The rapid increase in cereal prices in recent weeks signals a price warning for the local livestock sector and will inevitably be reflected in more expensive feedstuffs in the coming winter. It is expected that the impact on feed prices will be felt over the coming weeks but will be mitigated to some extent by forward purchase contracts particularly in the first half of the winter. Unfortunately the absence of any clarity around the application of tariffs after the end of the Brexit transition period has meant that many of these contracts do not extend beyond 31st December.

As always it is the international commodity markets which dictate the prices at a local level and the key driver for the current surge in feed materials has been the re-emergence of Chinese demand. Having suffered a major reduction in their pig herd due to African Swine Flu in the last couple of years, livestock numbers are now recovering rapidly - with new intensive and professionally managed pig units replacing the backyard herds and contributing to a dramatic rebound in feed demand.  Having effectively cleaned out the Brazilian soybean crop in the past year, China has switched its attention to North America and have been a relentless buyer in recent months driving record sales of combined US corn and soyabeans so far in the current crop year. This demand has contributed to a sharp tightening of the global supply and demand balance sheets while also straining US logistics.  Dockside handling capacity has been sold out in the US Gulf until March and there aren’t enough barges and rail cars available to move the volumes of feed materials to the ports.  Investment funds have responded to this activity in the market by correcting their short positions – buying up contracts for around 100 million tonnes of grain and proteins in anticipation of  continued high prices.

Modern intensive pig enterprises are replacing the back yard units as China rebuilds its pig herd
Modern intensive pig enterprises are replacing the back yard units as China rebuilds its pig herd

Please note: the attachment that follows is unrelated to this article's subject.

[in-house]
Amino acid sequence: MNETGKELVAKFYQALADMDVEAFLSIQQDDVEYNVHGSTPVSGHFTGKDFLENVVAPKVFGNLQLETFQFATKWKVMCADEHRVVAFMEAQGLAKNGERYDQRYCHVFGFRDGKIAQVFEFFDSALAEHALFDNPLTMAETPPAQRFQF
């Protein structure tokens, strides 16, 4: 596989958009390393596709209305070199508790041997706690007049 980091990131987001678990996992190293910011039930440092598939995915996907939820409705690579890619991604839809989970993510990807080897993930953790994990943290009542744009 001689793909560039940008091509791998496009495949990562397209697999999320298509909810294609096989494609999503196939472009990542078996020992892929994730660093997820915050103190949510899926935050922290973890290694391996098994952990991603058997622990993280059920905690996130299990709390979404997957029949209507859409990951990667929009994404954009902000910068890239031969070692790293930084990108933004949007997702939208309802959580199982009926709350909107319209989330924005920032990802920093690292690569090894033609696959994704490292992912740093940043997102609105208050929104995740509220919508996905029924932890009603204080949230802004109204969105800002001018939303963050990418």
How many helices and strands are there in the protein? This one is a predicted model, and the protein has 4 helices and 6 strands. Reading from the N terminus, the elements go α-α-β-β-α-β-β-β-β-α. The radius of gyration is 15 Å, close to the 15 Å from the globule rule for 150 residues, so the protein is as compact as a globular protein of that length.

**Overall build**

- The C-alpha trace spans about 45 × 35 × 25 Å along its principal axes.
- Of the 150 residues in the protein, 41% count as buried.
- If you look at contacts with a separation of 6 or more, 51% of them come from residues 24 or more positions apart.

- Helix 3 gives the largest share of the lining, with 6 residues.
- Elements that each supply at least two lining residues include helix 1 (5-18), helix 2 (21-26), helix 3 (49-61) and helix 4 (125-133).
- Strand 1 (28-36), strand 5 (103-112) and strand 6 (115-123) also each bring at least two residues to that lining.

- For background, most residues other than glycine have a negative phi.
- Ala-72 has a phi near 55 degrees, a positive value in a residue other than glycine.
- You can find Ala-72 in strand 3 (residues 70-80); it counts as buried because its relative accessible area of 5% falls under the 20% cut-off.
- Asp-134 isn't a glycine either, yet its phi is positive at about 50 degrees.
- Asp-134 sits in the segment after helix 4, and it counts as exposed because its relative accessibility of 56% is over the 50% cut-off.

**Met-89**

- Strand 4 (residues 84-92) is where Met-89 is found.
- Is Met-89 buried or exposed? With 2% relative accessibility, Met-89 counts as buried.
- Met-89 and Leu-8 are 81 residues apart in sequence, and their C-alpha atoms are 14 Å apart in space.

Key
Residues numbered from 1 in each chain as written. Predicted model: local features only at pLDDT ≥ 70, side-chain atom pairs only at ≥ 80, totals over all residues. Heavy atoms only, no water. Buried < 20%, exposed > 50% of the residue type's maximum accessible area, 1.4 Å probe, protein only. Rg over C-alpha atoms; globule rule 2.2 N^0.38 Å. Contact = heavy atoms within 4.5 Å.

Europe was forecast to import 24 million tonnes of  maize to satisfy feed demand, however, with the current situation, exacerbated by a shortfall in the Ukrainian crop, importers are wondering where they will be able source this sort of volume. This has driven up  maize prices by  around £40 per tonne for local buyers and barley is now attracting more interest as the best value cereal for feed producers.  Demand rationing is becoming more and more likely – and that invariably means stronger prices.  Wheat is holding its position as the most expensive grain as the European crop has come up 20 million tonnes short of the 2019 harvest.  Sellers of feed wheat are hard to find causing our local traders to cast their net ever wider to find available supplies.

Protein supplies are also under pressure as the US reports reducing soya stocks following the sales to China. Traders are anxiously watching the growing crop in South America amid concerns about a La Nina weather event which could impact yields or delay harvest in that region. Argentina is the principal supplier of soya meal (as distinct from beans which have to be crushed to produce the meal used in animal feed) and the UK and Ireland are dependent on shipments from this region. The perilous state of the Argentinean economy has slowed down the movement of beans from the farms to the crushing plants. Recent reductions to the export taxes for meal and oil have not been enough to increase farmer selling as currency regulations and the plunging value of the peso combine to discourage sales and farmers are happier to hold their crop  on farm. The result is local Soyameal prices soaring by up to £70 per tonne in recent weeks.